Claudio Monteverdi was an Italian string player, composer, choirmaster, and priest. His pioneering work in the development of opera and his letters, which gives an insight into the life of Italian musicians from the era, makes him a significant historical figure. He is also considered an important transitional figure between the two important periods of music history, Renaissance and Baroque.
Gwalior-born composer Tansen, also known as Ramtanu Pandey, was an iconic figure of Hindustani classical music. Best known for his dhrupad and raga compositions, he was one of the navratnas, or nine gems, of Mughal emperor Akbar’s court. He also invented a stringed instrument named the rabab.
Giovanni Pierluigi da Palestrina was an Italian composer who had a long-lasting influence on the evolution of secular music in Europe. He is also credited with the development of counterpoint. His life and career inspired a 2009 Italian/German music film titled Palestrina - Prince of Music.
Josquin des Prez was one of the most influential Renaissance composers. Known for his motets, masses, and chansons, he is revered as the main figure of the Franco-Flemish School. Details of his early days are vague, and he was, for a long time, mistaken as another singer, Josquin de Kessalia.
Giovanni Gabrieli was an Italian organist and composer. One of the most popular musicians of his generation, Gabrieli's works were popularized throughout Europe by his association with the prestigious Scuola Grande di San Rocco, where he was appointed as an organist.
One of the most influential 16th-century composers, Tomas Luis De Victoria had begun as a choirboy. He went to Rome on a grant from Spain’s King Philip II and later became a Catholic priest. A skilled singer and organist, too, he developed the concertato style of the Franco-Netherlandish school.
17 John Blanke
18 Jacopo Peri
Renaissance composer Jacques Arcadelt, one of the most significant figures of the Franco-Netherlandish school, is best remembered for his madrigals and his secular compositions. He was influenced by a variety of music, such as frottola and the music he heard as a choir member of the Sistine Chapel.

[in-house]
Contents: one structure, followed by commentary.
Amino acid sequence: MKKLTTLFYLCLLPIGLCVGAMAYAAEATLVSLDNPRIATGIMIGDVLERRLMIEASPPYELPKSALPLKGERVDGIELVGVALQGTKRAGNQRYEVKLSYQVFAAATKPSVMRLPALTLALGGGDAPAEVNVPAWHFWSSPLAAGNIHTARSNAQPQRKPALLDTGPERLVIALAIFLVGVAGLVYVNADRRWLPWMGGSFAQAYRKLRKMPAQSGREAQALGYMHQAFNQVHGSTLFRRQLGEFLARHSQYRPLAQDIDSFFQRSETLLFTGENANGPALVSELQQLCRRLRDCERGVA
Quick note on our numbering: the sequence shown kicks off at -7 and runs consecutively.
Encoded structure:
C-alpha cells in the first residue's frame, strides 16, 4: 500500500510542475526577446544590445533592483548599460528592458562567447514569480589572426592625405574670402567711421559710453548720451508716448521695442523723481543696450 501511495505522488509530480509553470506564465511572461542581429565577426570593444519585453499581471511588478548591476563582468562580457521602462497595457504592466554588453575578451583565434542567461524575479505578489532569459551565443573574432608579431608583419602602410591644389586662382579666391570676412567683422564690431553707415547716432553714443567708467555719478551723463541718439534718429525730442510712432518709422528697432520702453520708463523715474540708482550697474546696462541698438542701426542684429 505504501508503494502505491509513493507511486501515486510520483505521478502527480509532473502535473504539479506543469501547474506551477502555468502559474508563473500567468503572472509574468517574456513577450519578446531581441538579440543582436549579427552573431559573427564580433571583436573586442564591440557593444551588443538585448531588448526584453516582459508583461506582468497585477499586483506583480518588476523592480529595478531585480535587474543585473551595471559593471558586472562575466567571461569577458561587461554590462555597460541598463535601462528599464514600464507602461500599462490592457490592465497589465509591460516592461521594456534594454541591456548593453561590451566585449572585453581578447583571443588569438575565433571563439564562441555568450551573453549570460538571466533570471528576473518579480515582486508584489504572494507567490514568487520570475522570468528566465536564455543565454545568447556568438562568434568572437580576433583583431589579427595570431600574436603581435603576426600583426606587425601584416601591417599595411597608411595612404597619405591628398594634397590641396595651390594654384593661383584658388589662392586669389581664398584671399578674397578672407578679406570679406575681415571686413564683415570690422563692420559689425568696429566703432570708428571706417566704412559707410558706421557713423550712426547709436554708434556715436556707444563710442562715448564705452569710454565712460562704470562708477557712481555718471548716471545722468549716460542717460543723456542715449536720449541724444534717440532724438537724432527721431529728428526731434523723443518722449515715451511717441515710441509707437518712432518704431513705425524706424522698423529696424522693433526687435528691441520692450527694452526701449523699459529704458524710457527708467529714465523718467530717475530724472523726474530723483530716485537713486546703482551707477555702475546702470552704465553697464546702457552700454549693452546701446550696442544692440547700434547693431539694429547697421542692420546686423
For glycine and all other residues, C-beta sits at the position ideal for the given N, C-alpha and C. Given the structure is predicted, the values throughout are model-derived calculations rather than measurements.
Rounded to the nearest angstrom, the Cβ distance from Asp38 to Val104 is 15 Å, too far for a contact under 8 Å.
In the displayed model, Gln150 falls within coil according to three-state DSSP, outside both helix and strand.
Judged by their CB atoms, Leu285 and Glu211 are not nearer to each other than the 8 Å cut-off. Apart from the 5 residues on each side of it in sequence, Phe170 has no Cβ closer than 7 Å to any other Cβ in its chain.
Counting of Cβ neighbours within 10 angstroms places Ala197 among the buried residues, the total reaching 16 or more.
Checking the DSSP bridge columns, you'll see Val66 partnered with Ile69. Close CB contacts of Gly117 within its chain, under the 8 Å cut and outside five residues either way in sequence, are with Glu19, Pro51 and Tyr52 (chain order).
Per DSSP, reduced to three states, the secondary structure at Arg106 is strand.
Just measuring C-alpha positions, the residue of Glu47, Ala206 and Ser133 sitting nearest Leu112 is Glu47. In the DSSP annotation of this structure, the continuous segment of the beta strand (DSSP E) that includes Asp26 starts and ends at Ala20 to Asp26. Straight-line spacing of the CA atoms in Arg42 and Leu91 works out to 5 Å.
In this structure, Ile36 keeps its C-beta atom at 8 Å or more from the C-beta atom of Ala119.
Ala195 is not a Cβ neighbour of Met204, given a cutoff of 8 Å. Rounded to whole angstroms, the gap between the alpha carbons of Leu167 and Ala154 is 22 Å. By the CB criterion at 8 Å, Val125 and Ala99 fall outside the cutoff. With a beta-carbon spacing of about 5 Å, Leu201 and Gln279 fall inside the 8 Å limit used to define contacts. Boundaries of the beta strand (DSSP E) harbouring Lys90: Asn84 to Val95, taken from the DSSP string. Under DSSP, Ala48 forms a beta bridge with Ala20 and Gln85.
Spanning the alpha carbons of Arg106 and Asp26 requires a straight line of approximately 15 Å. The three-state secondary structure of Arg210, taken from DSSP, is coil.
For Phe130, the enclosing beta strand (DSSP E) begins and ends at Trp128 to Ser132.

Adrian Willaert was a Netherlandish composer who is credited with founding the Venetian School. Apart from being remembered as a versatile composer, Willaert was also the most influential musician in Europe during his time. Also renowned for his teaching skills, Adrian Willaert taught students like Cipriano de Rore, who went on to become respected composers in their own right.
Luca Marenzio was a 16th-century Italian composer and singer active during the late Renaissance. Counted among the most renowned composers of madrigals, he composed some of the most famous examples of the form in his era. Around 500 madrigals are attributed to him. He spent most of his career in Rome and was employed by several aristocratic Italian families.
Italian traveler Pietro della Valle, known for his voyages to India and Persia, was also a talented musicologist and composer. In Baghdad, he married a Syrian Christian woman, who died in Persia. He later also touched Surat and Calicut in India. His three-volume treatise on his travels focuses on Turkey, Persia, and India.
Juan del Encina is largely regarded as one of the pioneers of Spanish drama. He had been the court poet/dramatist for the Duke of Alba. Some of his best-known works were compiled in Cancionero. His églogas often dealt with mythological themes that were previously found in the Italian works.
39 John Farmer
45 Jean Mouton
Luis de Milán was the first to publish music on the vihuela, which is a Spanish version of the lute. His best-known work remains El Maestro, which was the first in a series of books on the vihuela. Some of his works were also dedicated to King John III of Portugal.